“Whether the Medi-Cal beneficiary died before or after Jan. 1, 2017, there’s no more recovery from surviving spouses and registered domestic partners,” McGinnis says. “That’s major.”
MORE WAYS TO PROTECT YOUR PROPERTY: The new rules also limit recovery to assets that are subject to probate, which is a legal process that takes place after someone dies.
There are ways to shield your property from probate, including the use of living trusts, joint tenancies, naming beneficiaries on retirement accounts and other legal arrangements, says Dustin MacFarlane, an elder law attorney in the Sacramento area.
Please note that wills are subject to probate, he says.
“Every account should have a named successor,” MacFarlane says. “If you don’t have that, then a court proceeding may be required and Medi-Cal may make a claim in that proceeding.”
INTEREST ON LIENS: The state may ask your heirs to sign a “voluntary lien” on your home if they can’t afford to pay the estate recovery claim. Right now, the state charges 7 percent interest on those liens, McGinnis says. Under the new rules, people in this situation will usually face a significantly lower interest rate, she says.
If you’re a Medi-Cal enrollee and want a list of medical expenses to date that may be subject to an estate recovery claim, you can submit a request once a year to the state by filling out Form 4017, which will cost $5 after Jan. 1.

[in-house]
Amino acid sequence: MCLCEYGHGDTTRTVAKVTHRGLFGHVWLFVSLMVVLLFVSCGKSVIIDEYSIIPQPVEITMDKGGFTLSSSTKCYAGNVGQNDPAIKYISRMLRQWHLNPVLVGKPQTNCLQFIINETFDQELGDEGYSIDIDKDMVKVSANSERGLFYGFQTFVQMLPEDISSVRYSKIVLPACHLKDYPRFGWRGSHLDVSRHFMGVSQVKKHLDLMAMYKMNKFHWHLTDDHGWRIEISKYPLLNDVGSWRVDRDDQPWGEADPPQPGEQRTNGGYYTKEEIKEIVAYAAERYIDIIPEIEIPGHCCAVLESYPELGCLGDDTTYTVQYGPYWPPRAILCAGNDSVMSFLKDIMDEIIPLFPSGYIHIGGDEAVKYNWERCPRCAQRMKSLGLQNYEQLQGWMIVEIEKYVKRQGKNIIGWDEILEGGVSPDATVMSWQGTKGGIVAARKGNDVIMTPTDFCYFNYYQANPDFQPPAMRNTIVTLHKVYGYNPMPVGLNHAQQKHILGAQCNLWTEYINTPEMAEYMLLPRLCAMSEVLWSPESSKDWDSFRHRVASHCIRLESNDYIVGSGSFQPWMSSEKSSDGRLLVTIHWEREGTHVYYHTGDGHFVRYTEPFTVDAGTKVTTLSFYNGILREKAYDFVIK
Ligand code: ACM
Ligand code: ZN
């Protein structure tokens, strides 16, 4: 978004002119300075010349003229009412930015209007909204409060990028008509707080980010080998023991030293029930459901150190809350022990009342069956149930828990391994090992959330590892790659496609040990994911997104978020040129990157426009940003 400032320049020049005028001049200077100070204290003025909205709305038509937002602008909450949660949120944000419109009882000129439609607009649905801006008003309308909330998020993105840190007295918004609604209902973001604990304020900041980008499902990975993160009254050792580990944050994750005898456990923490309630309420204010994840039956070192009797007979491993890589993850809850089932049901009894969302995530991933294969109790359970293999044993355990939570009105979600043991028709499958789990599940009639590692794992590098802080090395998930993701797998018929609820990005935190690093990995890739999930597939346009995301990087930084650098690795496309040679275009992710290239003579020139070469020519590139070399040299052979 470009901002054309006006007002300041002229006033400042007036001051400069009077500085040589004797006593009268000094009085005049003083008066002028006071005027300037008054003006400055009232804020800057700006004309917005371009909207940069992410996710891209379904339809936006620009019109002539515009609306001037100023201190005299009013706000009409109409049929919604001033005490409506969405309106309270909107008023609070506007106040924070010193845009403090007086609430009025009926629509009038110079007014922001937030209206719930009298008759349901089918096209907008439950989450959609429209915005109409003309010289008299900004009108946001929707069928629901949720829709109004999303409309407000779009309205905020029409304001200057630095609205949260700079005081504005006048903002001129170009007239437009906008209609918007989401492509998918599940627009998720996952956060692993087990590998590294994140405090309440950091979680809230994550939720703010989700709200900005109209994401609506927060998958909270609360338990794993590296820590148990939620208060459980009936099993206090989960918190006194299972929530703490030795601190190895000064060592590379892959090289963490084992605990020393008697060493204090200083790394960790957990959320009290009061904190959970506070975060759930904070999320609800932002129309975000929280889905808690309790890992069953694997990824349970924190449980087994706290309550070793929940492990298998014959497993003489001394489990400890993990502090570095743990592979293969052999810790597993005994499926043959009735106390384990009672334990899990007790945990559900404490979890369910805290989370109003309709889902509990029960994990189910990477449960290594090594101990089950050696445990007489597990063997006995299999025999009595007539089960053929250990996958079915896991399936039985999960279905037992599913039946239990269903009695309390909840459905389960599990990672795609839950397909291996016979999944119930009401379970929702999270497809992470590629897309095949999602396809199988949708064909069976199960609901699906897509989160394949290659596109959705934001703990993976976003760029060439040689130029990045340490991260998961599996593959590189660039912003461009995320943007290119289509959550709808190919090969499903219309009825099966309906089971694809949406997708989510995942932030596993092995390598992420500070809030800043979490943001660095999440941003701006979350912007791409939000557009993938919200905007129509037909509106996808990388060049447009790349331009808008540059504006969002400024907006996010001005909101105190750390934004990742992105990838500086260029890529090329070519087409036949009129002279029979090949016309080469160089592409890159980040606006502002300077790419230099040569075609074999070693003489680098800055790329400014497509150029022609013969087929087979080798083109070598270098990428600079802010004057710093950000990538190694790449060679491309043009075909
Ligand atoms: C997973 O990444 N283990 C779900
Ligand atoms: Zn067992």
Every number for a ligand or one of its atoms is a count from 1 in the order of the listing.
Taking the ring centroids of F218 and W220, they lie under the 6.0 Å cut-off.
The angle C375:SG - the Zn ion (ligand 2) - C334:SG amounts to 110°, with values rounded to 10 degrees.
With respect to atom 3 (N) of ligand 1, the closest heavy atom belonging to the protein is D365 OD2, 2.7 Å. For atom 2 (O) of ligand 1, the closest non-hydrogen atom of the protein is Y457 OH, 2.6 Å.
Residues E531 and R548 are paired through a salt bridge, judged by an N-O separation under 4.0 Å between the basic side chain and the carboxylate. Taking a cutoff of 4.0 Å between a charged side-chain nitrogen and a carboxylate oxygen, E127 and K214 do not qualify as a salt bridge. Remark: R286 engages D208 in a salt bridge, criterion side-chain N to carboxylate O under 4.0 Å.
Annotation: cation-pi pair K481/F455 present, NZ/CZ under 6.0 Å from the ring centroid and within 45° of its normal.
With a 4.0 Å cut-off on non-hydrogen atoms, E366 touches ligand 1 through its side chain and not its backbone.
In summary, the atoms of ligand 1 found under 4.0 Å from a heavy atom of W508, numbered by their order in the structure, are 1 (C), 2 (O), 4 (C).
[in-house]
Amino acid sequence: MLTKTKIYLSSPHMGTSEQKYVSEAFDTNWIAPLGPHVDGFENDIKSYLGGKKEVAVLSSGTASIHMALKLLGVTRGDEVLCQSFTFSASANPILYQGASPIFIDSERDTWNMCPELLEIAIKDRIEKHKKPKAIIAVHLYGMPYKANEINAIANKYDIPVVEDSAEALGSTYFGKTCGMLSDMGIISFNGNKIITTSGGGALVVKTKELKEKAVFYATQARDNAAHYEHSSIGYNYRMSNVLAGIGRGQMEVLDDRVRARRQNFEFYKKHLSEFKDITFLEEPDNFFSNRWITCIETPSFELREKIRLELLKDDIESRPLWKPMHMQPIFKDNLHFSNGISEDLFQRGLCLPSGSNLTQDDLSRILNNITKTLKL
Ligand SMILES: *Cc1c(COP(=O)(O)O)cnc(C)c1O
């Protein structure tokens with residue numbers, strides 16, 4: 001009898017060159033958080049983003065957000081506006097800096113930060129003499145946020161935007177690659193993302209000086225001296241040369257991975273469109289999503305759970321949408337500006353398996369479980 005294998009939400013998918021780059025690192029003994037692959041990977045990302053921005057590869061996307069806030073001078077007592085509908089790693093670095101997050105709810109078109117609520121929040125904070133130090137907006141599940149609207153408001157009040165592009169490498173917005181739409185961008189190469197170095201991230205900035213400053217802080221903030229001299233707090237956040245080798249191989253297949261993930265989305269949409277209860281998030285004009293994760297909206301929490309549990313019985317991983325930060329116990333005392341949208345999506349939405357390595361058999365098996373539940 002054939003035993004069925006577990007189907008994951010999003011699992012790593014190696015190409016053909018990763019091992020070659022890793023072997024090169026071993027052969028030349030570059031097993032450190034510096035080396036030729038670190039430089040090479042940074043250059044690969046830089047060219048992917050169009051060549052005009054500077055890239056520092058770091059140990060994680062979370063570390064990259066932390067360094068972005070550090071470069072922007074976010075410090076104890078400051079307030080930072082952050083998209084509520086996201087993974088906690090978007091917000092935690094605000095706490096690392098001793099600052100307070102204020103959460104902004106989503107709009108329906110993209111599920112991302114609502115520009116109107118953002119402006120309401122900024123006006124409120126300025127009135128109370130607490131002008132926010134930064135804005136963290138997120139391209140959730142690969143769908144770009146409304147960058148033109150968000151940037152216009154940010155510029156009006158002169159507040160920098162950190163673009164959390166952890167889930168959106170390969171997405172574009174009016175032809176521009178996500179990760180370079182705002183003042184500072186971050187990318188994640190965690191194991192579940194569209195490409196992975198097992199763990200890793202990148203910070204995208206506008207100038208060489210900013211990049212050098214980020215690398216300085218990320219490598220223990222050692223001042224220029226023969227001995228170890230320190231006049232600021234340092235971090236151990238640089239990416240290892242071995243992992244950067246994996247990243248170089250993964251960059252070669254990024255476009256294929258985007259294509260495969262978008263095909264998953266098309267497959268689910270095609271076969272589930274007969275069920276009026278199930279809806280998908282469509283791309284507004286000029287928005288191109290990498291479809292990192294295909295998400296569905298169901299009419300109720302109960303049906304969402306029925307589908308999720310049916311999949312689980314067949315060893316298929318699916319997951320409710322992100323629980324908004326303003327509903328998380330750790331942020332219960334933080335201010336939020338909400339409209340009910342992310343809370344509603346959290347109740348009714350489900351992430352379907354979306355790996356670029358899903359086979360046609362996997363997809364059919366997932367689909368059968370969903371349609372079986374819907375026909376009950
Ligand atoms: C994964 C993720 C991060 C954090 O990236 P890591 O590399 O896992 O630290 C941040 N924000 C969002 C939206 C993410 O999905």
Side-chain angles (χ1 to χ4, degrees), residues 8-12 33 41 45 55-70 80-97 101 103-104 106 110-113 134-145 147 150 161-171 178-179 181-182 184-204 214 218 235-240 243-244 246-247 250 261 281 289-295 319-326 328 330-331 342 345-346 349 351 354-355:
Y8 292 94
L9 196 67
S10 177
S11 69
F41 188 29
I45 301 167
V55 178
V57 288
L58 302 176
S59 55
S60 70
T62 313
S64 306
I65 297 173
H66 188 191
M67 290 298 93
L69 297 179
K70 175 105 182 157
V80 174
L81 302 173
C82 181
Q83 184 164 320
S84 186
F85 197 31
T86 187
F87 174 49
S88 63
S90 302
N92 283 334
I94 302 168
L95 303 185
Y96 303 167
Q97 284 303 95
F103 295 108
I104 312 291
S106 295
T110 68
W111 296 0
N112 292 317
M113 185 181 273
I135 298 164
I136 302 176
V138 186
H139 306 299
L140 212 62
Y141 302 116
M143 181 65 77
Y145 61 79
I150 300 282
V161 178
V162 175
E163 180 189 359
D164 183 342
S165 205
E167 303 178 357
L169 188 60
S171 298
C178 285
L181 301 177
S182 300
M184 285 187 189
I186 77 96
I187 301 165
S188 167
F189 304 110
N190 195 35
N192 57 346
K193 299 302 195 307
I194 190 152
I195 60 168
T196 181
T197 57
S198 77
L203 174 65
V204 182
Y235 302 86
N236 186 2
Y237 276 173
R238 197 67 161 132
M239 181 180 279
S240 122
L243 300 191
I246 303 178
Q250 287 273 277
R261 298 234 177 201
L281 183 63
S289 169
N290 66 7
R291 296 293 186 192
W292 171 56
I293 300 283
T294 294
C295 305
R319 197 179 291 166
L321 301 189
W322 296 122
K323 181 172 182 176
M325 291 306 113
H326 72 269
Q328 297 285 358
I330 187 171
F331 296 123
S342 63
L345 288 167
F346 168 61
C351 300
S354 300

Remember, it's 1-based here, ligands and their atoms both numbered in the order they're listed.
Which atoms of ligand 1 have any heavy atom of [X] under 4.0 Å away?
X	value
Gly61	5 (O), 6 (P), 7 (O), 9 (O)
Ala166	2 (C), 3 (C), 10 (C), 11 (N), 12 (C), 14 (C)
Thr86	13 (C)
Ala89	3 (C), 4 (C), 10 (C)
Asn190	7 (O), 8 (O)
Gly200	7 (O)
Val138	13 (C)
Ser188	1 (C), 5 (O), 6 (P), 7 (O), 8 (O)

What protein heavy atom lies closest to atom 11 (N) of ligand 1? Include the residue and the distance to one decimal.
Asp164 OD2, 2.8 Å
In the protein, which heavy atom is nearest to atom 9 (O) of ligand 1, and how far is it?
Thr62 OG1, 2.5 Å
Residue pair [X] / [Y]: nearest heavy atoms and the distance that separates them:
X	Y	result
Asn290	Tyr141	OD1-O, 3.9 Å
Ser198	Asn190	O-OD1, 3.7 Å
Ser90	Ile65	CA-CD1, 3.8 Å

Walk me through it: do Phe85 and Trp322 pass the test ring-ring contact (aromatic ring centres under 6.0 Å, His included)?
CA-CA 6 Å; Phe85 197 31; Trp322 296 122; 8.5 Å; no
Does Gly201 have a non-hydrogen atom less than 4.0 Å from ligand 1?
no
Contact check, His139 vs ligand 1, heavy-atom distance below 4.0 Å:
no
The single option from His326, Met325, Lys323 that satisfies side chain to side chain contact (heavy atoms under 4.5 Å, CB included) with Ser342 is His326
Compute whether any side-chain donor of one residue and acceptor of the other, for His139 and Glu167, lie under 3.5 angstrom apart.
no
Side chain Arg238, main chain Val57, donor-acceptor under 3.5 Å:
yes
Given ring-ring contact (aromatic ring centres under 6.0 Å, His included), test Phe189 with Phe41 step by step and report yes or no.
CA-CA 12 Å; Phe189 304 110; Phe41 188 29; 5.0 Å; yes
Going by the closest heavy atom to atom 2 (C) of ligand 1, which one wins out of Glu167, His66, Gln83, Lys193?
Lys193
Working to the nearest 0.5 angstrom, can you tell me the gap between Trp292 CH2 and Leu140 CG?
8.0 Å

And if you’re 55 or over, please talk with a lawyer who specializes in estate planning or elder law and is familiar with Medi-Cal estate recovery. Or reach out to groups like McGinnis’ for guidance (www.canhr.org or 800-474-1116).
Craig, whose mother passed away in 2014, is grateful that the rules are changing for other families. After negotiating with the state, she was able to reduce the amount she owed Medi-Cal but still had to cough up thousands of dollars.
“That completely strapped us,” she says. “We don’t have that kind of money.”
Rep. Tom Price, the physician and Georgia Republican tapped for the nation’s leading health care job, has long criticized federal spending as excessive. Yet during his years in Congress, he’s worked hard to keep federal dollars flowing to his most generous campaign donors.
Price has been a go-to congressman, a review of his records show, for medical special interests hotly sparring with regulators or facing budget cuts. Over the past decade, he has waded into issues related to specific drugs and medical devices, making 38 inquiries with the federal Food and Drug Administration, according to federal records obtained through the Freedom of Information Act. He questioned the FDA on his constituents’ behalf about matters as minute as a device for fertility treatment and an ingredient in pain creams.